Finding euphoria at the intersection of physical health, reproductive paths, and gender identity
By: Anonymous / Trans Headlines
Although progress seems slow, I do believe that healthcare is changing the way it recognizes LGBTQ patients. As an AFAB person who identifies as non-binary, going to the gynecologist’s office is literally the last place I want to be. After suffering severe abdominal pain and discomfort for three long months, it was time to face my fears. I had so many visions of how my first visit would go. It would be a demeaningly feminizing and humiliating experience–I was sure of it.
I walked into the exam room and sat on the table. You know, the table with the extendable leg rests and long metal stirrups. The one you’ve come across at annual physicals you thought would just be annual physicals–but to your surprise were a lot more invasive–kind of table. My new gynecologist came in and introduced herself. I was already sweating as I sat in nothing but a medical gown on the horribly uncomfortable (especially at a gyno visit) crinkly paper.
What came next was nothing short of pure euphoria. SHE ASKED FOR MY PRONOUNS. Maybe you’d like to hear this again and, to be honest, I’d like to say it again. My gynecologist actually asked for my chosen pronouns. At this point, I thought maybe my anxiety had caused me to hallucinate.
She wrote a note to have my gender marker updated on my file and asked me what my preferred name was. I couldn’t believe it. I had prepared myself for every worst-case scenario I could possibly imagine, but I hadn’t prepared myself for this.
Now, keep in mind, all the forms that I had to fill out were still indicative of our cis-gendered, heteronormative healthcare system. However, at that moment, those two simple questions gave me incredible relief–not just for me, but to know that my doctor is doing her part to change the system for others like me. She was kind, informed, and genuinely concerned about my health. I had never felt so well-listened to by a healthcare provider.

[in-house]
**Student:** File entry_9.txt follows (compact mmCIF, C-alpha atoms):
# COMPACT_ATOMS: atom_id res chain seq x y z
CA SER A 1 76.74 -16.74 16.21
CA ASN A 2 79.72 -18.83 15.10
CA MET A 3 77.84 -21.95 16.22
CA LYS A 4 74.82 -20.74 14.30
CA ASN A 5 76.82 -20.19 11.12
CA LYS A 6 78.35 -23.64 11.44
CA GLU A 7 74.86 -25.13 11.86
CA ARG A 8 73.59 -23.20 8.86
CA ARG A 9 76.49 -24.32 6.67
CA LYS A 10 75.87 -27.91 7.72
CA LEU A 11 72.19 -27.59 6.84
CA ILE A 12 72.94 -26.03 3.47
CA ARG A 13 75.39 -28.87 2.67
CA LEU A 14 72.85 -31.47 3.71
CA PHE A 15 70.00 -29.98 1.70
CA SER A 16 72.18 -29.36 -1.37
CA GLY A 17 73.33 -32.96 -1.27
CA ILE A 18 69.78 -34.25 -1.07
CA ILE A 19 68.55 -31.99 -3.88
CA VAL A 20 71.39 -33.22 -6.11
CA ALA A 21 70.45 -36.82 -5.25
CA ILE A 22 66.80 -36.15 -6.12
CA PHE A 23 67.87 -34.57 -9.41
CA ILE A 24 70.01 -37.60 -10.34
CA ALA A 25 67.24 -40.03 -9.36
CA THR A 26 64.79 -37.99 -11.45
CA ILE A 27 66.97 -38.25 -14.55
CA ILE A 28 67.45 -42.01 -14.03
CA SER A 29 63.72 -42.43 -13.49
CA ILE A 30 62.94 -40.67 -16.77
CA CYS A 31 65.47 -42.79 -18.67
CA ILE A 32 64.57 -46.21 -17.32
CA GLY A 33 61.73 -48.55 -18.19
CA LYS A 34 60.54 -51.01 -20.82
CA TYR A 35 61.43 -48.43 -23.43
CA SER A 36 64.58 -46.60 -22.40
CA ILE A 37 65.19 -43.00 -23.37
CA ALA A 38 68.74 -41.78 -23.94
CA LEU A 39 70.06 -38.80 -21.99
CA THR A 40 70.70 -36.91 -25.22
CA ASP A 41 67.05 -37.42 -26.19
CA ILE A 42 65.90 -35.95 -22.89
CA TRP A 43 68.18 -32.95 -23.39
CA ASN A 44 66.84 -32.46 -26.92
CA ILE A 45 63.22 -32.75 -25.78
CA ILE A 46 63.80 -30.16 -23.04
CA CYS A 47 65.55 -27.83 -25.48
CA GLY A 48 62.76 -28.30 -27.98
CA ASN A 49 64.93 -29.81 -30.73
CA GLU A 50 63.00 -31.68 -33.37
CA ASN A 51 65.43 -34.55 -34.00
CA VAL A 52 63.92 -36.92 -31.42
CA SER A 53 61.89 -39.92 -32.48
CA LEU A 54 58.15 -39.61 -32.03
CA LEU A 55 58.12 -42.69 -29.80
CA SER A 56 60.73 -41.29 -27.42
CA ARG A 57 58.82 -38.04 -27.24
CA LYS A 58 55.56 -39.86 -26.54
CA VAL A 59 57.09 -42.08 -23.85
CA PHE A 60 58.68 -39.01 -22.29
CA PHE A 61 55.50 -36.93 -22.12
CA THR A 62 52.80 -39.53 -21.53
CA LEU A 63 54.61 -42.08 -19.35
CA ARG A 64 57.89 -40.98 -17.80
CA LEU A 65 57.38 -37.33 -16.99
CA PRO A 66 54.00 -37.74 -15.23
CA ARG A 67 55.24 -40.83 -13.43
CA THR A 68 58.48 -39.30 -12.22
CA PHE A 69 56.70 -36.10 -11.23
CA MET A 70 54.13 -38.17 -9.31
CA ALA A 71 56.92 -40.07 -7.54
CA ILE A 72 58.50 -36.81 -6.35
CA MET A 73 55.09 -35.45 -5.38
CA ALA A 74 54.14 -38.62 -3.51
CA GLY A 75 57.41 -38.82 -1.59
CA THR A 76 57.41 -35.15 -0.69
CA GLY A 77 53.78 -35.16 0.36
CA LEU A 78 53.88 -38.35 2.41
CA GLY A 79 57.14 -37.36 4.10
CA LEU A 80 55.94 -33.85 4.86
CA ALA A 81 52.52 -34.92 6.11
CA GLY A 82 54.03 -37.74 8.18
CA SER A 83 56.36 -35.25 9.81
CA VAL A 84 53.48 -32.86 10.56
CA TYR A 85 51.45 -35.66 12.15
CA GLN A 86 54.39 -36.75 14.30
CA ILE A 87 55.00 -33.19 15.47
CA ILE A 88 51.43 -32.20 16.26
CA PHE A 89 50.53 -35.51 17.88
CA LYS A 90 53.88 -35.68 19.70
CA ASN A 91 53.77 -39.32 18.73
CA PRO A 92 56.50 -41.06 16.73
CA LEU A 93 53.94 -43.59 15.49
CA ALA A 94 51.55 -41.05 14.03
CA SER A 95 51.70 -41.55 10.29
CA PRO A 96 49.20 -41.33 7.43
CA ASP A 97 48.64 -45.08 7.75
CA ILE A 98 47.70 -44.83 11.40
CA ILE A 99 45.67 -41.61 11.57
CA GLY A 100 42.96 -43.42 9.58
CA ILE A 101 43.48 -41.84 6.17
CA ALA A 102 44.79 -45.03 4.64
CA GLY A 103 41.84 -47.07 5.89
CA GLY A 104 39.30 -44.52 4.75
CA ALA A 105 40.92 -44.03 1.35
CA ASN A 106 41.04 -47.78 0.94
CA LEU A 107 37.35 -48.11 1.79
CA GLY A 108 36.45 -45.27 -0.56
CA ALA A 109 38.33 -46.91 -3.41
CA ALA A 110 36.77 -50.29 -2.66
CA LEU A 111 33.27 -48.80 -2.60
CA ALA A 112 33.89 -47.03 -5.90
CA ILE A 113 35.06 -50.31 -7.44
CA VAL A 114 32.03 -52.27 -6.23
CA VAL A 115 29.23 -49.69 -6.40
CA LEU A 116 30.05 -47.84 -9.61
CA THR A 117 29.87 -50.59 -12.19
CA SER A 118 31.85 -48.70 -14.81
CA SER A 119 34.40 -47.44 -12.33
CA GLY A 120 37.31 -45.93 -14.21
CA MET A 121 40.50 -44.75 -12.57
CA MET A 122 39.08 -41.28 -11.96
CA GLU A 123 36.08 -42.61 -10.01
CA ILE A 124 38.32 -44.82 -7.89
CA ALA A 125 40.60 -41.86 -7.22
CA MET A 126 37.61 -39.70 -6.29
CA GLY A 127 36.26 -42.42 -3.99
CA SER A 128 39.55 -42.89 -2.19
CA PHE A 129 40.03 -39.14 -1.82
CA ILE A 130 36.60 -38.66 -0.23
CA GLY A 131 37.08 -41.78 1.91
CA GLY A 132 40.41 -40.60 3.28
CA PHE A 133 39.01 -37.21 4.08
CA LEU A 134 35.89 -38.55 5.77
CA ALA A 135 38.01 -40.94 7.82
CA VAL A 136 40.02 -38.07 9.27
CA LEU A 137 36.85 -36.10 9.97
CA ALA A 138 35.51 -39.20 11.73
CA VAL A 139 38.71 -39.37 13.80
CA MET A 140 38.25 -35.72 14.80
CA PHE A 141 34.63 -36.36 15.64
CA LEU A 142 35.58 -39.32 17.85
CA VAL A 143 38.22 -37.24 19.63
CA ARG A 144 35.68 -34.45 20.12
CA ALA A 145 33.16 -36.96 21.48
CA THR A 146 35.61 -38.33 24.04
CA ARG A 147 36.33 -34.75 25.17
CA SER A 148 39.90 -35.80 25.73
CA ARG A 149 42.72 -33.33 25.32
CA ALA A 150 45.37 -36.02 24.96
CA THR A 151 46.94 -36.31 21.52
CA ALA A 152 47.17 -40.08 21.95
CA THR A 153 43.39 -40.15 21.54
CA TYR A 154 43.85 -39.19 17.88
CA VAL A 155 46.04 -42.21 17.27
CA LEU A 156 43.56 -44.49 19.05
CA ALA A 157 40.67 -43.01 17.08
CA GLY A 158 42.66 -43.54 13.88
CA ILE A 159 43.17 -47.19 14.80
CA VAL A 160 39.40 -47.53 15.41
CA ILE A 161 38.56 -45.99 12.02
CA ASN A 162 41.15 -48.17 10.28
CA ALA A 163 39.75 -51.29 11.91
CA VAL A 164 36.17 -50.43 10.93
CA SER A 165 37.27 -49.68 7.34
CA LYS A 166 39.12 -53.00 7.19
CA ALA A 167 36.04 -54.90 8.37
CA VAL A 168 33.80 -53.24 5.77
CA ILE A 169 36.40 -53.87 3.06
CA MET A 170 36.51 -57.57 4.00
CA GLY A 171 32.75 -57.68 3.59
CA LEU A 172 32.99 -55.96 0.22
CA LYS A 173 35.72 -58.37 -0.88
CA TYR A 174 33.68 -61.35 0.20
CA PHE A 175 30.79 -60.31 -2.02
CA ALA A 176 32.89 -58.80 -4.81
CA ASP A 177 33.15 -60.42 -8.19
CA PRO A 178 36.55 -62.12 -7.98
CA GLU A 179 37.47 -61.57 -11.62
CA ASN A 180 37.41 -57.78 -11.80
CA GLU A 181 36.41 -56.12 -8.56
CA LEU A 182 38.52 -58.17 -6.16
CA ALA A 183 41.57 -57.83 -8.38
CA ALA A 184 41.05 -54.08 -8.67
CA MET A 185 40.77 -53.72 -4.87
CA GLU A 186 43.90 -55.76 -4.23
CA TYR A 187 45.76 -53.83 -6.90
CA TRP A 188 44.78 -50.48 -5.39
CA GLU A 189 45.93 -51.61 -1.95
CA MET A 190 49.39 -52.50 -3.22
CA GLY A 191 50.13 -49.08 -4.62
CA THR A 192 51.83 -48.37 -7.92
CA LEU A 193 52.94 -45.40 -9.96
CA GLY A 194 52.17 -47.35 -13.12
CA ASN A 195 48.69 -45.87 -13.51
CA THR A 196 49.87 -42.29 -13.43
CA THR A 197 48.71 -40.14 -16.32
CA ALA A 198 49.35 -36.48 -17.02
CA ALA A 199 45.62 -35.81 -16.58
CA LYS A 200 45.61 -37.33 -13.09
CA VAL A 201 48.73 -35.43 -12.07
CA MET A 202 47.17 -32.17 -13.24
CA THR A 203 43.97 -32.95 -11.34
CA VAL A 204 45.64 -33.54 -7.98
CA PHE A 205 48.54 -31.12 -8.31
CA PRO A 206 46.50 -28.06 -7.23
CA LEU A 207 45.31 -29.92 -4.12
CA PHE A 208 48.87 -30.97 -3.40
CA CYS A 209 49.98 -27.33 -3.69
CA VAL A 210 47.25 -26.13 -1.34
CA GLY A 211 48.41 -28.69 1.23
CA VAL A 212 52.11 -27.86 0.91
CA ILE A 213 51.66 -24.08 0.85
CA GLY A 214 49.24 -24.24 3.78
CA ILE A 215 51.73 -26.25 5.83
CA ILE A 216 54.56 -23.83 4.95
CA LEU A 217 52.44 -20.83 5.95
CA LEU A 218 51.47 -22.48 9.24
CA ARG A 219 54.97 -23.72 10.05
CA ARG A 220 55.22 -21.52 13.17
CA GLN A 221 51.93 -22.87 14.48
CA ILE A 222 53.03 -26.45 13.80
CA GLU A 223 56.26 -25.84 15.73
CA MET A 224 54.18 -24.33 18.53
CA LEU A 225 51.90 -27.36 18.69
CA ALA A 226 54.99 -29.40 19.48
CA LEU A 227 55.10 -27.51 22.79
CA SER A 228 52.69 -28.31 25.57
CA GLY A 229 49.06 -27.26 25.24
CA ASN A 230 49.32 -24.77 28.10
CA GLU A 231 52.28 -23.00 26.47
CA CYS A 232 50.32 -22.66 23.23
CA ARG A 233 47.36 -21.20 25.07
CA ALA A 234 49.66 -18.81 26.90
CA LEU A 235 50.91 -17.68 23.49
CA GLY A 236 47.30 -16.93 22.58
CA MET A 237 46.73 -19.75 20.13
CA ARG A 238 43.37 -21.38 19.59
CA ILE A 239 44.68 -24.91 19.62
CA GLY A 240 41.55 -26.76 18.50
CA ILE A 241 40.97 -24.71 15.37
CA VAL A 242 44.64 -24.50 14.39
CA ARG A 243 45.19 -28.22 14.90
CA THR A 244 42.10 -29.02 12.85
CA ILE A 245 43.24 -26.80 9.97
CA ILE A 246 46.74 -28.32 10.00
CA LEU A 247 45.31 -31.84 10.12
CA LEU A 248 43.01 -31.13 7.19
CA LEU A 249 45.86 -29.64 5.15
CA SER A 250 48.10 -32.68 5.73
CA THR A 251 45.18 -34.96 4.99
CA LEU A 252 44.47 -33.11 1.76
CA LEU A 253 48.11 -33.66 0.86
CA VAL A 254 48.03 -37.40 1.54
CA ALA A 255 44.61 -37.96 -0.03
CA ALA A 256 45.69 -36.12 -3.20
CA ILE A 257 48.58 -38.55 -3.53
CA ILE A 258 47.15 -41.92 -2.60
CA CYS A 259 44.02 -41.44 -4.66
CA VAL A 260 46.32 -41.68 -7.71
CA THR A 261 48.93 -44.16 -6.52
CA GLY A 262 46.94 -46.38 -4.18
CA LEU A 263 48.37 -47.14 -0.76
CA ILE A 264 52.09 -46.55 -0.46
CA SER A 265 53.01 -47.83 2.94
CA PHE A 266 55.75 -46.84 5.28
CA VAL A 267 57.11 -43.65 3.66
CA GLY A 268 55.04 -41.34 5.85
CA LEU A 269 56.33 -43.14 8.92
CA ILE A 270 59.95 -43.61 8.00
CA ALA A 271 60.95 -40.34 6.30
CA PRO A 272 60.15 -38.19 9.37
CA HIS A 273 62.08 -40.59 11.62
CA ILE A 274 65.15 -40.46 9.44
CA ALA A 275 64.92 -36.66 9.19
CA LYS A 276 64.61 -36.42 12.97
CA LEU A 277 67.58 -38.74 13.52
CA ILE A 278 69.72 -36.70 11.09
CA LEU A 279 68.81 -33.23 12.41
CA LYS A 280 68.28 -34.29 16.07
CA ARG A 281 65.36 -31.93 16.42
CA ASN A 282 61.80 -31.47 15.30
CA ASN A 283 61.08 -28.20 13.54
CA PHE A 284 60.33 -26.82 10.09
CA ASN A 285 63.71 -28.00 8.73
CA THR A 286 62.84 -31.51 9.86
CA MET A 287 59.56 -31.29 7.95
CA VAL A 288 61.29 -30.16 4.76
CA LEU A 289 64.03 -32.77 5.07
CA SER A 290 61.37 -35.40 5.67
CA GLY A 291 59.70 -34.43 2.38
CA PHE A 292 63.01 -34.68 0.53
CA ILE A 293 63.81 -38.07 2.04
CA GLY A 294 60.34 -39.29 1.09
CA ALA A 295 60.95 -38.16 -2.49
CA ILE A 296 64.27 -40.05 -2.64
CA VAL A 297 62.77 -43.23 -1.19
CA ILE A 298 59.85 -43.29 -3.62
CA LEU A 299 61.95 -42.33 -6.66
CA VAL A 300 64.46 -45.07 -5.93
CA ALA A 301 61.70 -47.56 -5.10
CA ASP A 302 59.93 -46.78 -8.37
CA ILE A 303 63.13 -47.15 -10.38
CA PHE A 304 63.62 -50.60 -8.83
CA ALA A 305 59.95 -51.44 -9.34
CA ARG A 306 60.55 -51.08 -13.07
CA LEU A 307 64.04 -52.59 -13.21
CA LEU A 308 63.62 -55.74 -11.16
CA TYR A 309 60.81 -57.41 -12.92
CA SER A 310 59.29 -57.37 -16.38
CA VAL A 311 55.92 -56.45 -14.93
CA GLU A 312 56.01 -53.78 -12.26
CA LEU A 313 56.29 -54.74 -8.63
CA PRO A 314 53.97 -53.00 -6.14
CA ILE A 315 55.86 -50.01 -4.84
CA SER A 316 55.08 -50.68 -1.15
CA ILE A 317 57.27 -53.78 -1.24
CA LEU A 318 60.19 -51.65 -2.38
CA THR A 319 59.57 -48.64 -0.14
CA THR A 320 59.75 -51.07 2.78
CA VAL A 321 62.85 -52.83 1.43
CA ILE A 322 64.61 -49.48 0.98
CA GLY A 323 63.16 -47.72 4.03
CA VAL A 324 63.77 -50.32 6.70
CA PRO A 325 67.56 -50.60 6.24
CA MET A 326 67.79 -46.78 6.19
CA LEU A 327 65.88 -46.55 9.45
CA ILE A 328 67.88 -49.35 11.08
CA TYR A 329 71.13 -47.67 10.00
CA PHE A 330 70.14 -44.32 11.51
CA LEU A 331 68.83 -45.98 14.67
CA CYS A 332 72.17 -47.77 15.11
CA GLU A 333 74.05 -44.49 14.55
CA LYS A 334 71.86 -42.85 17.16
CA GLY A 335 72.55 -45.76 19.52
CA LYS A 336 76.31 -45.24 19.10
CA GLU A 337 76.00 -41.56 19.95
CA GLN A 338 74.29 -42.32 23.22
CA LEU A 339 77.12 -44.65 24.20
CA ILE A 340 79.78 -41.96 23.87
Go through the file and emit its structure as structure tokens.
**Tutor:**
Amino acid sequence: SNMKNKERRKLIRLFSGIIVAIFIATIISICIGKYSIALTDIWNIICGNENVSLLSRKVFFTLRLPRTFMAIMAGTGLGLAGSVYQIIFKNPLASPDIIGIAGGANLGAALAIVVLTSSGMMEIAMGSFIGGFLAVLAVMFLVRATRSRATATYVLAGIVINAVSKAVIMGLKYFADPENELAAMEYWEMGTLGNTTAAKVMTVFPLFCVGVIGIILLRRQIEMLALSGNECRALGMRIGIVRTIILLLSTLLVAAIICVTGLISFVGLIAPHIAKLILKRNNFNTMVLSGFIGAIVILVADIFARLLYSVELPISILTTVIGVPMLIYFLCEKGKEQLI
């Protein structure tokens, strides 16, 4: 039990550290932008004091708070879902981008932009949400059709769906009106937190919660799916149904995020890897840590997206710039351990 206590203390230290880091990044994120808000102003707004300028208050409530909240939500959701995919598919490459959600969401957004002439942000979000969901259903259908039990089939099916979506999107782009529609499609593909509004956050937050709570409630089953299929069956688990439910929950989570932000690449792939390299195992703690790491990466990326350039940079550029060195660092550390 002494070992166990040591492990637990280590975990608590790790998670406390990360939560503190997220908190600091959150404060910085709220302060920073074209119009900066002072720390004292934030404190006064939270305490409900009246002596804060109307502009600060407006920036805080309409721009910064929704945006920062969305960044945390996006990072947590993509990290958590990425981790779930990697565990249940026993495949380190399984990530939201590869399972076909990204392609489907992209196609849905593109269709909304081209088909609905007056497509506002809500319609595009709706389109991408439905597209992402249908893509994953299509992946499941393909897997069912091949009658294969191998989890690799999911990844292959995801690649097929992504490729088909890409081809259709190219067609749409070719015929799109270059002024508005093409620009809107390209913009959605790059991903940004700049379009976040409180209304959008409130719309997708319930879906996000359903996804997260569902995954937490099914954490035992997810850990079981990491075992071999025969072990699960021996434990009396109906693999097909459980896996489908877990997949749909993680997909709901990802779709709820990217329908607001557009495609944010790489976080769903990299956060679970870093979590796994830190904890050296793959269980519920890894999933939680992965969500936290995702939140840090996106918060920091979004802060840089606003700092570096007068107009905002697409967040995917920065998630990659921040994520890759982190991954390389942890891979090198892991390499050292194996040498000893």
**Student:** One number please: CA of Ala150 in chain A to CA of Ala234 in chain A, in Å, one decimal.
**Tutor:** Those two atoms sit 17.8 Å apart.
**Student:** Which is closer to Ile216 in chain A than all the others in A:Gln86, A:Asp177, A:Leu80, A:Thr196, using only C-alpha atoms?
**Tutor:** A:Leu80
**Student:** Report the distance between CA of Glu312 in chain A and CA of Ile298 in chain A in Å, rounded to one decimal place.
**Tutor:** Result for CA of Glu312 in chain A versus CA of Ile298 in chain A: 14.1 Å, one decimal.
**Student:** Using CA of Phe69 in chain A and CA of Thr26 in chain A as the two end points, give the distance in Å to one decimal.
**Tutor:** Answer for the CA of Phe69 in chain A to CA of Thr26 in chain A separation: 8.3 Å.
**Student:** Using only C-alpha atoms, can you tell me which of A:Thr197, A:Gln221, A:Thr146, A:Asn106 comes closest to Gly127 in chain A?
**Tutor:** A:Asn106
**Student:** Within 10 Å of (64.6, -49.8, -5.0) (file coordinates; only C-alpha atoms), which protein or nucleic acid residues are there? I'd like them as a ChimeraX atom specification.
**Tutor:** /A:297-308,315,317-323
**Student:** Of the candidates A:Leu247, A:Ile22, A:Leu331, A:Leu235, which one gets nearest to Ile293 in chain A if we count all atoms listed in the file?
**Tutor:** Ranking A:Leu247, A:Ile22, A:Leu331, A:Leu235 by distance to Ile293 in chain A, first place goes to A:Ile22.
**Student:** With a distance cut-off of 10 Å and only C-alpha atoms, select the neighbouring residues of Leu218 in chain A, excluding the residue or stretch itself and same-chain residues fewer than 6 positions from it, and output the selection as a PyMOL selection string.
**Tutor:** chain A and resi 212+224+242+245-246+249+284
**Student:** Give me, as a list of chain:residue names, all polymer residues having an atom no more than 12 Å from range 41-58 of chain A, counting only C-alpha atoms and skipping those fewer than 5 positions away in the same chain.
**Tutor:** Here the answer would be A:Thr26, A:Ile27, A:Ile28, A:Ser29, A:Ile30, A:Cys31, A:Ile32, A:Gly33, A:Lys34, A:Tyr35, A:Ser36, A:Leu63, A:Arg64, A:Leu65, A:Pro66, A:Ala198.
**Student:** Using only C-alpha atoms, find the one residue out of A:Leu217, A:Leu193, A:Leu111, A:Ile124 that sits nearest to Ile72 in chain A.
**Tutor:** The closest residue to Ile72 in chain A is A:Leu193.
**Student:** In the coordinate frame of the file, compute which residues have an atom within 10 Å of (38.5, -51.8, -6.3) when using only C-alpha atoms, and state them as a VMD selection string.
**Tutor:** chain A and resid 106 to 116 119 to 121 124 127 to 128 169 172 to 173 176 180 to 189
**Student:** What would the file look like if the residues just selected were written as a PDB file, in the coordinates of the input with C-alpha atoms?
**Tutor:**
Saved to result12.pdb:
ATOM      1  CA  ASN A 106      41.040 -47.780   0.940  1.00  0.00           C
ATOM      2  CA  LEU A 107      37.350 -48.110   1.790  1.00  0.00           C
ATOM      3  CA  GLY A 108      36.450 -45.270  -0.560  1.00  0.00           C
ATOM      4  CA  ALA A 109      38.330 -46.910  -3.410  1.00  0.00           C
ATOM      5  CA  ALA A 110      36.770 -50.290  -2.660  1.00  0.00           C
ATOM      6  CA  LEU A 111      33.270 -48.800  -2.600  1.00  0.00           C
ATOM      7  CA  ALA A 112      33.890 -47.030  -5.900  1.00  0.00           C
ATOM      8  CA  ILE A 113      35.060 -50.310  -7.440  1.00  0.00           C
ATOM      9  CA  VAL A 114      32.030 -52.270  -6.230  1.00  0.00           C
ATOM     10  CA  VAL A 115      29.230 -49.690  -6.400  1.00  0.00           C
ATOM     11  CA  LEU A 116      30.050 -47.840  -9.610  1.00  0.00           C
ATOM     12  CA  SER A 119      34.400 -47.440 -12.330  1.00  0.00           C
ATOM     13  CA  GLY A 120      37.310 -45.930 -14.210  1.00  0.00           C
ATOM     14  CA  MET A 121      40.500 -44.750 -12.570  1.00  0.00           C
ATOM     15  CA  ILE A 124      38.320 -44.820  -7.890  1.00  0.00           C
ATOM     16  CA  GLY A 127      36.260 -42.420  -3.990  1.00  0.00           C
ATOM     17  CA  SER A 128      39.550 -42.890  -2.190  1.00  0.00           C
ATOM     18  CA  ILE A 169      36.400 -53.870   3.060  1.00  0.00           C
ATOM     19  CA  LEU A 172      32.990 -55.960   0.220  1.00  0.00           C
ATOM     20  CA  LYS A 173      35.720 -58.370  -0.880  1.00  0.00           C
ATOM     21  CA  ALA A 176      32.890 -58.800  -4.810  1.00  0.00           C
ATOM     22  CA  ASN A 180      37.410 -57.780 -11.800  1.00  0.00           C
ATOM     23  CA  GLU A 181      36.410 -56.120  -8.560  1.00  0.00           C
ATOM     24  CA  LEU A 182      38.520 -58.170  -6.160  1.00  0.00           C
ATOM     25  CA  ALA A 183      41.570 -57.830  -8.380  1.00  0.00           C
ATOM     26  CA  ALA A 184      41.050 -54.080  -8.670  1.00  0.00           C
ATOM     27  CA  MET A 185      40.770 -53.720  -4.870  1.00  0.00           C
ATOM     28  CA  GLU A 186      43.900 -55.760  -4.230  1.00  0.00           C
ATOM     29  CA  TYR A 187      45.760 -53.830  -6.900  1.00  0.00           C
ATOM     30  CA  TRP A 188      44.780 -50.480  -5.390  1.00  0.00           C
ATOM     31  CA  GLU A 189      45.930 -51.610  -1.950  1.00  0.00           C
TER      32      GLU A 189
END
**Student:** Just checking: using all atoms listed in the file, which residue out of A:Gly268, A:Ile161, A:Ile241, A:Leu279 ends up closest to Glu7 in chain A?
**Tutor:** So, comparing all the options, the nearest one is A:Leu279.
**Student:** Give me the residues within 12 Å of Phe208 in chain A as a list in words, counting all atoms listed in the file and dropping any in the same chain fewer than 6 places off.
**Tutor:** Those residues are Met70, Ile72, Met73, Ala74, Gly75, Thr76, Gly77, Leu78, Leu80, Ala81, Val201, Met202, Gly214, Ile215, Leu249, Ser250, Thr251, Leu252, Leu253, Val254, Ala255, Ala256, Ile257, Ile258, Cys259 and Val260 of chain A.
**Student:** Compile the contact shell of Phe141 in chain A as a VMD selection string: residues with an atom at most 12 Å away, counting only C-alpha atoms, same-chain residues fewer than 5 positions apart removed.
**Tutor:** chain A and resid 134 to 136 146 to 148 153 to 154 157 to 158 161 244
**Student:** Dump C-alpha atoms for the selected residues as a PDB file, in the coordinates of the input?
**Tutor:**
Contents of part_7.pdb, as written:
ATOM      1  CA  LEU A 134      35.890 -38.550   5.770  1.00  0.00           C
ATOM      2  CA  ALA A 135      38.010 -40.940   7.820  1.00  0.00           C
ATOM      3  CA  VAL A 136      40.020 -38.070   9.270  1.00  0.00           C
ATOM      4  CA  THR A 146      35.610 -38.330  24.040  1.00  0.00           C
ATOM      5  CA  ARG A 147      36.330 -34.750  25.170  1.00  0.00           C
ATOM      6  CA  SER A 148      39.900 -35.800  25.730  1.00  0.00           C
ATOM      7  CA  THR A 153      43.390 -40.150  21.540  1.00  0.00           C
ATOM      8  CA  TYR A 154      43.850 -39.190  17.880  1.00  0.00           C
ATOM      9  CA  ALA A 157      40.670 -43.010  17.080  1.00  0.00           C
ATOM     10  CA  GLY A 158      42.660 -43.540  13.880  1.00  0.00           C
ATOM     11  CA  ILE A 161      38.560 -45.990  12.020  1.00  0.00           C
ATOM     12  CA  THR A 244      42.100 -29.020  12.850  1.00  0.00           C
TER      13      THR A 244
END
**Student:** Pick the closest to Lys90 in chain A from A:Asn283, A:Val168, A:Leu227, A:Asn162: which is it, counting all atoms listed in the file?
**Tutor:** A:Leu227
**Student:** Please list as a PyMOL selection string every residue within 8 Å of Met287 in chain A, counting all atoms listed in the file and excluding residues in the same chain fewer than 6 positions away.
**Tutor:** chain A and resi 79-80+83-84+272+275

My exam was still nothing short of uncomfortable and included a transvaginal ultrasound (0/10 do not recommend), followed by a lengthy conversation about my situation and my treatment options. I left with an answer for my abdominal pain, which turned out to be hemorrhagic cysts on both of my ovaries, and I felt (somewhat ironically) a huge amount of relief. My gender identity had been recognized and respected for the first time in a healthcare setting. I felt silly that I’d waited so long and put myself through prolonged pain, but I recognized that my fear was not ungrounded.
Healthcare providers are too often caught (or not caught) mistreating or misdiagnosing people in our community because they either don’t accept us or they haven’t educated themselves. It takes courage to go to the doctor knowing the experience could be humiliating and invalidating.
My gynecologist alleviated more than my anxiety about the intersection of my physical health and my gender identity. She changed my outlook on what’s possible for me and my partner, who is a trans man, when it comes to starting a family.
I had believed that being non-binary meant pregnancy was not in the cards for me. The thought of being pregnant for nine months sounded like putting myself through literal dysphoric hell and would subject me to feminizing rituals deeply rooted in our society’s warped expectations of gender roles. Most of all, I thought I’d never find a doctor who would support a non-binary pregnancy until I met this one.
I thought that by identifying as non-binary I had to give up the idea of having a baby, even though it’s something I have always wanted. Now that I have seen how healthcare is changing, I’m rethinking my future, and I’m taking better care of my body. An introduction that might have seemed simple for my doctor and my ally made me feel like I can exist exactly the way I am whether or not I still have the anatomy I was born with.
Maybe I will get pregnant someday, or maybe I’ll decide to get a hysterectomy. I have options now that I didn’t think I would ever have, and it feels empowering to take back the future that has always belonged to me.